The delay between this blog and the last one in November on the new King’s Fund Collaborative Pairs Programme reflects the level of work that we have been dealing with over the past few months. We write this after our final session on the Collaborative Pairs course at the King’s Fund headquarters in Cavendish Square. We have written before about the nature of the course, but now that it has come to an end it is time to reflect on what we have learned.
By way of a brief update, the course brought us together as patient representative and clinician to work on a “shared issue” facing our local community. We have been working to embed a culture of patient and public engagement as normal practice within the Vanguard programme at North East Hampshire and Farnham clinical commissioning group (CCG). Our previous blogs give more detail about the shared aims and values that motivate us to do this work.
So what have we taken away from the course? The King’s Fund has allowed us much needed space and time to work together away from our places of work. This has been extremely valuable, as the chance to put a whole day aside once a month to concentrate on patient engagement and leadership is not an easy thing to do without the structure and support of the course to refer to as a reason. The majority of the 24 strong cohort on the course all said that the King’s Fund name in itself was proving a useful influential tool.
Our facilitators encouraged us to think differently about the way we interact with colleagues back in the workplace, and shared both practical skills and theory to support what we are all trying to achieve. This included thinking carefully about asking the right people the right questions, being politically aware within the organisations we are working in, and developing a public narrative—the ability to tell the “story of us” and articulate our objectives and call to action in just two or three minutes.
This was much more difficult than we first thought, and even after four hours of thinking about it we hadn’t perfected this technique. We were also encouraged to reflect on our body language, how situations made us feel, and to become more self-aware—something that initially feels unnatural, but which soon starts to become more comfortable. All of this felt so sensible and easy in the company of our fellow course participants.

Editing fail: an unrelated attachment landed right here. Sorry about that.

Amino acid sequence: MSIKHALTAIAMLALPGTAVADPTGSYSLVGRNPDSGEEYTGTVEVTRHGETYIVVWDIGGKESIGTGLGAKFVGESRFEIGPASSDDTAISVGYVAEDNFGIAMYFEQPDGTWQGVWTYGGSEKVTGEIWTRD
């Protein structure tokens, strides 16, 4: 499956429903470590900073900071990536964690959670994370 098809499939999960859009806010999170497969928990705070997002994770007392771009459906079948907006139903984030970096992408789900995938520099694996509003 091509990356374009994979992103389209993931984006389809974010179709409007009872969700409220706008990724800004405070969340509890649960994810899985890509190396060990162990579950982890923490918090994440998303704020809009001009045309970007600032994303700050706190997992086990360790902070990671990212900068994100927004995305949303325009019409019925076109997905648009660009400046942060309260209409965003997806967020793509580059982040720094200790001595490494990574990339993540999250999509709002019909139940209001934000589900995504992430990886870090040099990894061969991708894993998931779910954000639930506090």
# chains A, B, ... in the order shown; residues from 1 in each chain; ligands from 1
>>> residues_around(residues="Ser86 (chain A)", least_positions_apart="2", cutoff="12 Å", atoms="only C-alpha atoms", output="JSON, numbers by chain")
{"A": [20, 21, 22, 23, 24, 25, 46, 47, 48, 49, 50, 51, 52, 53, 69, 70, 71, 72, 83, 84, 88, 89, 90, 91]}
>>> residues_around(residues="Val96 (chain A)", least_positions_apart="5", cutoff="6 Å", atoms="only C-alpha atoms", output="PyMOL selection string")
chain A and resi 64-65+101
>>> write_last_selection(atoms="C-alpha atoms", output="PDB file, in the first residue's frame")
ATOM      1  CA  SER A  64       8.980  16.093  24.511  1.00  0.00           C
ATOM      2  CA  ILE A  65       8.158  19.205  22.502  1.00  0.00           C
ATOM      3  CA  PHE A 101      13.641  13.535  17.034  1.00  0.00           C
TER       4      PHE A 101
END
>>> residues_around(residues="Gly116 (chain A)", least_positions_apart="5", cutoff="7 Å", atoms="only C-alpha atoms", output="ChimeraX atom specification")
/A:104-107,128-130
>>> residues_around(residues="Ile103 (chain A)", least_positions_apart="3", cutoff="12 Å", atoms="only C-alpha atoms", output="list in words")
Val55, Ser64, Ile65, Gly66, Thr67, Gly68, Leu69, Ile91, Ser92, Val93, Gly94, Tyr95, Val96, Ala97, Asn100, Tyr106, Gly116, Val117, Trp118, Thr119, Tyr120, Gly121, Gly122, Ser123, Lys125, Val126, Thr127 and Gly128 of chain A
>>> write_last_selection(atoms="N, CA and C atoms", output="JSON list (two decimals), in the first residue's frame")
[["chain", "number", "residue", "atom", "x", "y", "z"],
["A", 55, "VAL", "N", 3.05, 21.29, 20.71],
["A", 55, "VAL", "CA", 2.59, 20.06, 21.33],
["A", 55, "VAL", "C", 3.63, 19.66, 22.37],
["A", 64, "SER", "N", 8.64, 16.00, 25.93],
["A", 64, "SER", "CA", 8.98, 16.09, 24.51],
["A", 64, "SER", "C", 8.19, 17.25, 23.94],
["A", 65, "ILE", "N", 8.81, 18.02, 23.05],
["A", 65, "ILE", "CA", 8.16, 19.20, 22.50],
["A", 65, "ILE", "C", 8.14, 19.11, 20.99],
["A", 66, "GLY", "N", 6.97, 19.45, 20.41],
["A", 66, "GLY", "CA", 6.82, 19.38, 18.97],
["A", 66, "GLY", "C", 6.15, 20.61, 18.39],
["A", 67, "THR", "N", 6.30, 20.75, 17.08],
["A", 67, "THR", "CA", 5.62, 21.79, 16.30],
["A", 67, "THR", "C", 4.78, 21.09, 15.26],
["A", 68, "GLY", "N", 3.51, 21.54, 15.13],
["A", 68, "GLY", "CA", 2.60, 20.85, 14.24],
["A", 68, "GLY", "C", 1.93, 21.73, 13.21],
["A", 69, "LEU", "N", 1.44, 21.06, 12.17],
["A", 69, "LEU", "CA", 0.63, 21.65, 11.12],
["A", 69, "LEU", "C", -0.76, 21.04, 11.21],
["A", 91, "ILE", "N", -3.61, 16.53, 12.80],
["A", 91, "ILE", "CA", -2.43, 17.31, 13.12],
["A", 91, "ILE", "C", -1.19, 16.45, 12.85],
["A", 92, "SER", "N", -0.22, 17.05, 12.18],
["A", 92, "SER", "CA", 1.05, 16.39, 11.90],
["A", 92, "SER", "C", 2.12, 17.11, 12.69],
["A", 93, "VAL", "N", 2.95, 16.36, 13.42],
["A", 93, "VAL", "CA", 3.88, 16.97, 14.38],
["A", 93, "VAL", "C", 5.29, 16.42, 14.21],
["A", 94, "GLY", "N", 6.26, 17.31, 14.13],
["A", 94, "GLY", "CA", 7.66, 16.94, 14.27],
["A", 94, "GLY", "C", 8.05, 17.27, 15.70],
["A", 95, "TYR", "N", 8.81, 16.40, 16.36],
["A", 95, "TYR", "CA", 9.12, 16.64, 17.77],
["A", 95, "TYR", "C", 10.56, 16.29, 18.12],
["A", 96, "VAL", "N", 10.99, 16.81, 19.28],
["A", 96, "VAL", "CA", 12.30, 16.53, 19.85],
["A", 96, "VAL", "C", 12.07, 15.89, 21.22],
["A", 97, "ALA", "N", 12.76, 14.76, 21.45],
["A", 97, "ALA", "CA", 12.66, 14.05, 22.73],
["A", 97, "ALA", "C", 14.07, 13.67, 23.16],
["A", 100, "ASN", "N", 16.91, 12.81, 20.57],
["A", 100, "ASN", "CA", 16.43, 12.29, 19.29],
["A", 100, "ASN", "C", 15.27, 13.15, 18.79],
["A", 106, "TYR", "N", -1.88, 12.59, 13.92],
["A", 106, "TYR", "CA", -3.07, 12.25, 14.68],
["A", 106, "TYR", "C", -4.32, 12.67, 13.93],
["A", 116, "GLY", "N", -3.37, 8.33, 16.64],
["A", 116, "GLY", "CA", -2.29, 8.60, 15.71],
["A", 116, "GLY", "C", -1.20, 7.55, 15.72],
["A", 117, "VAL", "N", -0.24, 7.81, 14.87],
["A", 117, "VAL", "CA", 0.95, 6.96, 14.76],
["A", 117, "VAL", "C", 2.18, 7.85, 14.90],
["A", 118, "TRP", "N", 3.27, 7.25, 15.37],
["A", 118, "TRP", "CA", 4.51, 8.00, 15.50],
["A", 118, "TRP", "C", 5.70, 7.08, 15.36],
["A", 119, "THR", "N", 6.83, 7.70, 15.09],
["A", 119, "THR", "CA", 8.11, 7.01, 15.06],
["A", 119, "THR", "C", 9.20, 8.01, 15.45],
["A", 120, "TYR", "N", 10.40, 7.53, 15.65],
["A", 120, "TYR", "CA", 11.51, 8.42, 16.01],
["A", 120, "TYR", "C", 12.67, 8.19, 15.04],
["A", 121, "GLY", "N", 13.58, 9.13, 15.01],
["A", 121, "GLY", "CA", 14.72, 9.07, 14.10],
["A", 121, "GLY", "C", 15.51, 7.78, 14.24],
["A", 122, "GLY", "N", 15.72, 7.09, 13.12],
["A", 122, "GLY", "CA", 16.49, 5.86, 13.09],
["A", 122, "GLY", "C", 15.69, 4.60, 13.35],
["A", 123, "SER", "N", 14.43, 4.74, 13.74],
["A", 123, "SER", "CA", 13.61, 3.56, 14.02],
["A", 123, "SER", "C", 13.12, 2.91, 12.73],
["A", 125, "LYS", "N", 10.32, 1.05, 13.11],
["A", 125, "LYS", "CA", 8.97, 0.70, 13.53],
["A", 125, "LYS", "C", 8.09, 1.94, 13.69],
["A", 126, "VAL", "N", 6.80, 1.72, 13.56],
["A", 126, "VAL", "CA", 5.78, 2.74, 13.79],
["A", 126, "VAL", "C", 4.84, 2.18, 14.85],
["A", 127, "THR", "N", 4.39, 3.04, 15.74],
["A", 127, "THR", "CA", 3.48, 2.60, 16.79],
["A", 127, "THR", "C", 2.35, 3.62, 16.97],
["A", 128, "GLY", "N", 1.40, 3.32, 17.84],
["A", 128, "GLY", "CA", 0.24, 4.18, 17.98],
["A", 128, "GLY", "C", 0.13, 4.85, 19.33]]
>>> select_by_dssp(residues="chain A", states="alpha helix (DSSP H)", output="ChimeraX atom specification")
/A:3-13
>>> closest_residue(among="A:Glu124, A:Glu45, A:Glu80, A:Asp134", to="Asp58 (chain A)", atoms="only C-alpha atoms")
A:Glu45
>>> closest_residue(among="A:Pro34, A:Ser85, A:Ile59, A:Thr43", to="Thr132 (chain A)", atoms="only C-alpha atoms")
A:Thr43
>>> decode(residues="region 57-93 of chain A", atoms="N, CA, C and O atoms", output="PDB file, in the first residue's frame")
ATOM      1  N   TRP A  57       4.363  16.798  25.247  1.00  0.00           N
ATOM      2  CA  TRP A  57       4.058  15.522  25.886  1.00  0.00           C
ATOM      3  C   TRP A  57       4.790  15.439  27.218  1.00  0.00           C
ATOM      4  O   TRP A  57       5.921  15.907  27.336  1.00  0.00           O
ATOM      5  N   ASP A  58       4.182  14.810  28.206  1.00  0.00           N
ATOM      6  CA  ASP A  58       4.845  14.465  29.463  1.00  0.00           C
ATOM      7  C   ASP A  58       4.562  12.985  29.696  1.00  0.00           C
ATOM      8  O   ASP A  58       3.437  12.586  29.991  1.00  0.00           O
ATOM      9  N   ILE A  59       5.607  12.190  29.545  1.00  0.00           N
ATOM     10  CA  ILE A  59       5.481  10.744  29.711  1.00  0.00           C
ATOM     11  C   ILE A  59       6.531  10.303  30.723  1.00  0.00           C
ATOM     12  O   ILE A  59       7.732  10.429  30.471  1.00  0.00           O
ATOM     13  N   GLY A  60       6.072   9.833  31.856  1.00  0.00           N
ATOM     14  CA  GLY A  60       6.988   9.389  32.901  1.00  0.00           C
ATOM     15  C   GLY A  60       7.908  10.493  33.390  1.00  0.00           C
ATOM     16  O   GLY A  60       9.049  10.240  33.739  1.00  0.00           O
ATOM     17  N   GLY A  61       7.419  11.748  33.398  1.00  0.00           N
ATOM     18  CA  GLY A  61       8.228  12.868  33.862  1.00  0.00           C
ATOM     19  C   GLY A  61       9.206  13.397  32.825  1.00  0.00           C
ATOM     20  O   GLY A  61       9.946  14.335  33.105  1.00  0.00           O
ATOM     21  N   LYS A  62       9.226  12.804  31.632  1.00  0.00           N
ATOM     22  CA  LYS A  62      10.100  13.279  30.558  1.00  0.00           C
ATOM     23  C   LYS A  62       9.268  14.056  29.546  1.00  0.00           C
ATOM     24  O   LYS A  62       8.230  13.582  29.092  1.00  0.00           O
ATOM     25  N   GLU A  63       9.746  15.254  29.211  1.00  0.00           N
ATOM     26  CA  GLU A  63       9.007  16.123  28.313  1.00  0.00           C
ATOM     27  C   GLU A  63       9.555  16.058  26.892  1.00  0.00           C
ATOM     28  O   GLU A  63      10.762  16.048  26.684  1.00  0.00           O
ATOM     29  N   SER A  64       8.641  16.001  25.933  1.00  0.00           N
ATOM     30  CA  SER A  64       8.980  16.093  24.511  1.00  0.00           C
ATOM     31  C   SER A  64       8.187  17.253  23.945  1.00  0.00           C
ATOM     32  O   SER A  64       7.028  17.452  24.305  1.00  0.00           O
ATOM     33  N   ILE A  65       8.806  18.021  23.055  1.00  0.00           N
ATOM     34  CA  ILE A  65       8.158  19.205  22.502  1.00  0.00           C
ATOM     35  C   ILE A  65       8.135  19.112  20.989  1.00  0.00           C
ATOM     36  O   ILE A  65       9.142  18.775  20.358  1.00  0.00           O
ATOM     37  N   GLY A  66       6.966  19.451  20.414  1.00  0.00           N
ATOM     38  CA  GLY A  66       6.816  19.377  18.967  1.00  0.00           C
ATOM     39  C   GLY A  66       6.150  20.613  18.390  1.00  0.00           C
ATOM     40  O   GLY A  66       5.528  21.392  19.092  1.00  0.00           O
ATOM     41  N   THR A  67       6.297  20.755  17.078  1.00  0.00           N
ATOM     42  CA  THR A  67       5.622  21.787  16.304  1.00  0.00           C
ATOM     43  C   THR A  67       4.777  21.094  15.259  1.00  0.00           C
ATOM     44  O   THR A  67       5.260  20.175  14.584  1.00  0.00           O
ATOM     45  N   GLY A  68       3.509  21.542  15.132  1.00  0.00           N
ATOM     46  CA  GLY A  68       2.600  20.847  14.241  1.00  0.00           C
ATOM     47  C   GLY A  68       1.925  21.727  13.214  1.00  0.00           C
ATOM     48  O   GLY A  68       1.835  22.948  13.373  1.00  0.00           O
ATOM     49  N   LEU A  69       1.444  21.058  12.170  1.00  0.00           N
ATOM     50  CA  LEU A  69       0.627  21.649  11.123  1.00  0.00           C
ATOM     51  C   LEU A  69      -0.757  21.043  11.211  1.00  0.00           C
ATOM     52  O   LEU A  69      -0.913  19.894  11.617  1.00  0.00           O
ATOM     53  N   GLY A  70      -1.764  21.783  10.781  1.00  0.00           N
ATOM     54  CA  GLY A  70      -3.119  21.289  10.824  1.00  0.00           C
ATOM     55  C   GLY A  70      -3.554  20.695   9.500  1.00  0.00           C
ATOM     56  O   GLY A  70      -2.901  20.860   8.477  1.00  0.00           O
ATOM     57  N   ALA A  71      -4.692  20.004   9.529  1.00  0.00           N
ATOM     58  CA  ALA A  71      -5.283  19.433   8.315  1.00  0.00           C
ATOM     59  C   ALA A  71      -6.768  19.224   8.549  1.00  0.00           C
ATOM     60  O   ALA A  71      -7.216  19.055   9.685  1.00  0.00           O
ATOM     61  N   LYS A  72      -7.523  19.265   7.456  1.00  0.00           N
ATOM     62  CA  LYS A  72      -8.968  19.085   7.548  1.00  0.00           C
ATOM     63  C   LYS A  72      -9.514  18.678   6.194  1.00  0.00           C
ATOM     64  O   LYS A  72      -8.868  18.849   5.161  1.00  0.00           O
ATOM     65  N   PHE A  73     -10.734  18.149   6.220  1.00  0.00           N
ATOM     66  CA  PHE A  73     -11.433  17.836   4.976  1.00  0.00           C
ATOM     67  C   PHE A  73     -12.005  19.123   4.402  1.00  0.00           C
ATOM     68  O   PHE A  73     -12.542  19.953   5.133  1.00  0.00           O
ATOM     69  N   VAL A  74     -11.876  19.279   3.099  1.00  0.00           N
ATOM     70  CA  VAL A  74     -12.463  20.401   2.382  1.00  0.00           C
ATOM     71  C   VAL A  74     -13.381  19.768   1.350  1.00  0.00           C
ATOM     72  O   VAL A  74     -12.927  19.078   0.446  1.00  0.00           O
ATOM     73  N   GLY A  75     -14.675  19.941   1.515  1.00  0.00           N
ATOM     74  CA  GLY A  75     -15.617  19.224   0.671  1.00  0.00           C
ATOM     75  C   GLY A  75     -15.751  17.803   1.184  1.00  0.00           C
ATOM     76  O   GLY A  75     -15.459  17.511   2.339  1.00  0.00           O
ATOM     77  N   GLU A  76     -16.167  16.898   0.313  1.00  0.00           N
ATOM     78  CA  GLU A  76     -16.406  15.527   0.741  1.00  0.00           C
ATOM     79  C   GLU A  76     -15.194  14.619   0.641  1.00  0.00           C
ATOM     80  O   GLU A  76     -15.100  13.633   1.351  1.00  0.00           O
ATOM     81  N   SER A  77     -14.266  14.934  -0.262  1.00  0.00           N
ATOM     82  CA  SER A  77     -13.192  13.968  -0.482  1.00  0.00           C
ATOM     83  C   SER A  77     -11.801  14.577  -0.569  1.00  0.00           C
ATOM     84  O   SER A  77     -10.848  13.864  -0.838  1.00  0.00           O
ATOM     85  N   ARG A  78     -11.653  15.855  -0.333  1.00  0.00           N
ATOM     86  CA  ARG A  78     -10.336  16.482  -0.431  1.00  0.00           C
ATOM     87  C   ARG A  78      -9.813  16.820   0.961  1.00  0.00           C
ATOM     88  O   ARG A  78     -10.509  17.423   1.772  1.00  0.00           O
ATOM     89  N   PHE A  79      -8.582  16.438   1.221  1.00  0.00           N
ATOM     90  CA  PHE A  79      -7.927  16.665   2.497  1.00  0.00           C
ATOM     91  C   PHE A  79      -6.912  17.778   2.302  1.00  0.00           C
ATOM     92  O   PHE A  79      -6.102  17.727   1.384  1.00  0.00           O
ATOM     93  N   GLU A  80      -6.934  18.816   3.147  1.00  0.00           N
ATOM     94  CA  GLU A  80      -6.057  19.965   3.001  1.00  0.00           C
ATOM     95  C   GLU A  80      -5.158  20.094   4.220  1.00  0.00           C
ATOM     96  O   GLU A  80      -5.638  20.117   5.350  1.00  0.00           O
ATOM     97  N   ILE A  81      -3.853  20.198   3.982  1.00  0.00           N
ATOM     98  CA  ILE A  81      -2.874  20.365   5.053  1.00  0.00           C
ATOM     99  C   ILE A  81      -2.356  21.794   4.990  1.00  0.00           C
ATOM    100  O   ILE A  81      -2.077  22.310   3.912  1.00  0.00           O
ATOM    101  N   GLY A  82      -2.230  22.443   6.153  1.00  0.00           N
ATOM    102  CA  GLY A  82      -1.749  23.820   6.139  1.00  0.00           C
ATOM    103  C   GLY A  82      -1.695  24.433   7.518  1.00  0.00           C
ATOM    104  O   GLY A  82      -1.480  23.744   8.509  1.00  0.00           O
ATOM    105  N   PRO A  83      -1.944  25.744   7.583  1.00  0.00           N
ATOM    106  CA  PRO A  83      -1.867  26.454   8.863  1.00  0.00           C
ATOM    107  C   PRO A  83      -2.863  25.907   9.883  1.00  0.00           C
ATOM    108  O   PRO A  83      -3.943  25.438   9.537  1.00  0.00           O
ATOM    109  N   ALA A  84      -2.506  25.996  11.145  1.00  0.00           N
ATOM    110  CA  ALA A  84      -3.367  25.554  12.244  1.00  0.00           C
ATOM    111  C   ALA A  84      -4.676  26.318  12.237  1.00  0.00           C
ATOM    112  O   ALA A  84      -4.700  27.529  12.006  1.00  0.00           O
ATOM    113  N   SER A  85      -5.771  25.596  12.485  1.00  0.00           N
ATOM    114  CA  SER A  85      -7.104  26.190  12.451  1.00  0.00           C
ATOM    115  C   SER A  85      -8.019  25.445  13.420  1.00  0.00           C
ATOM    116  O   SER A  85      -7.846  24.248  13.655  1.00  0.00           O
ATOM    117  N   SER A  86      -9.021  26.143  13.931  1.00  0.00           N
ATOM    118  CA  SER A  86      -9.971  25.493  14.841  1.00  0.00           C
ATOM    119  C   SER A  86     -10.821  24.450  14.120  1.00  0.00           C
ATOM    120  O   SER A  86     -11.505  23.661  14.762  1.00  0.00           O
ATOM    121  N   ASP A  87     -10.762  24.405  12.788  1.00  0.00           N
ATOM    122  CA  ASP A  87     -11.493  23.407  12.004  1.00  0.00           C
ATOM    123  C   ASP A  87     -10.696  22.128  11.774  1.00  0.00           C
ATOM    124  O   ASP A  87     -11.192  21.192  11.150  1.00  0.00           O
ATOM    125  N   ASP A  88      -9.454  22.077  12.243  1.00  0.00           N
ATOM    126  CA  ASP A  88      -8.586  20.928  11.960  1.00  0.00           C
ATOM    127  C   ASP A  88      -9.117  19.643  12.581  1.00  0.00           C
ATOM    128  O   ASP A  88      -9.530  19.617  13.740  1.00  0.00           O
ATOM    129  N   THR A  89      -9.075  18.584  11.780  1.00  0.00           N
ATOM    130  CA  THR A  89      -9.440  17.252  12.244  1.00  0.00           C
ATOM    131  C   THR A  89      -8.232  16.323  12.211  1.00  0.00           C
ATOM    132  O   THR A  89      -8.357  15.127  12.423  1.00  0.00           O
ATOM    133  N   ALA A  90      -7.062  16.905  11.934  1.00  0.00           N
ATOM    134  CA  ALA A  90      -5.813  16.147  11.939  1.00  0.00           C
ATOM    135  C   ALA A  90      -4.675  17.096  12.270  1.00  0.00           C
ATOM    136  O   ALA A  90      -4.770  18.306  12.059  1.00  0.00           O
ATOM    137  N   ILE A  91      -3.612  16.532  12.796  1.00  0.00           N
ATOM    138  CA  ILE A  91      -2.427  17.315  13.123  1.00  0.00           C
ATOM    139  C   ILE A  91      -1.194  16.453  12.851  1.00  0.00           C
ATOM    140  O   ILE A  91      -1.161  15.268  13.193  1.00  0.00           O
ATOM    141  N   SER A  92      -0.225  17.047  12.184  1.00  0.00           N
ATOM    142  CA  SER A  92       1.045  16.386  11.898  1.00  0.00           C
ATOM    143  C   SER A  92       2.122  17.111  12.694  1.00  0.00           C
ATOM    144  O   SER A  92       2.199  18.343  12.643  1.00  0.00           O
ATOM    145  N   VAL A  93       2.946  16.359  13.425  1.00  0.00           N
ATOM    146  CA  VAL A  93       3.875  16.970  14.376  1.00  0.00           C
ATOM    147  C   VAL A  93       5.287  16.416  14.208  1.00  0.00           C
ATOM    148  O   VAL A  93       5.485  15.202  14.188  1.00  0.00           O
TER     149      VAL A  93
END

Back in the real world, however, is where it all needs to be put into practice. This has proved more difficult. The space to work together becomes much more limited (we work at opposite ends of the county). Furthermore, when put in a pressurised situation the brain struggles to recall how to ask the right sort of questions, and instead becomes defensive about the work and values of patient engagement, with our awareness of body language all but forgotten. That’s not to say that the learning isn’t useful—it is. It’s just that the practicalities of the workplace mean that we will have to work really hard to ensure that we use the skills that have been shared with us.
And what has become of our shared problem? We have achieved a great deal in the past few months. True and meaningful engagement is beginning to take place: a community of over 80 “community ambassadors” has been established and we are seeing engagement being considered (by some) at the very early stages of service development.
Our aim of co-produced services throughout the CCG, however, is something that will take much longer than the six month lifespan of the course. It will take longer than the year or two that the Vanguard programme will run, and it may even take longer than either of us cares to imagine, but our involvement in the collaborative pairs programme has left us with more skills, awareness, and enthusiasm to keep on trying. We have reached the end of the beginning, but there is still a long way to go.
The King’s Fund is currently recruiting for the second run of the course. For more information visit: http://www.kingsfund.org.uk/leadership/leading-collaboratively-patients-and-communities
For more information about the Vanguard programme in North East Hampshire and Farnham visit: http://www.northeasthampshireandfarnhamccg.nhs.uk/vanguard
Written collaboratively by Edward Wernick, GP and clinical director for quality and patient and public engagement, North East Hampshire and Farnham CCG, and Steve Manley, interim manager, Healthwatch Hampshire.
Competing interests: Steve Manley is the interim manager for Healthwatch Hampshire. Edward Wernick is a GP partner at the Downing Street Group Practice, Surrey, and a practising GP. He is a clinical director at North East Hampshire and Farnham CCG.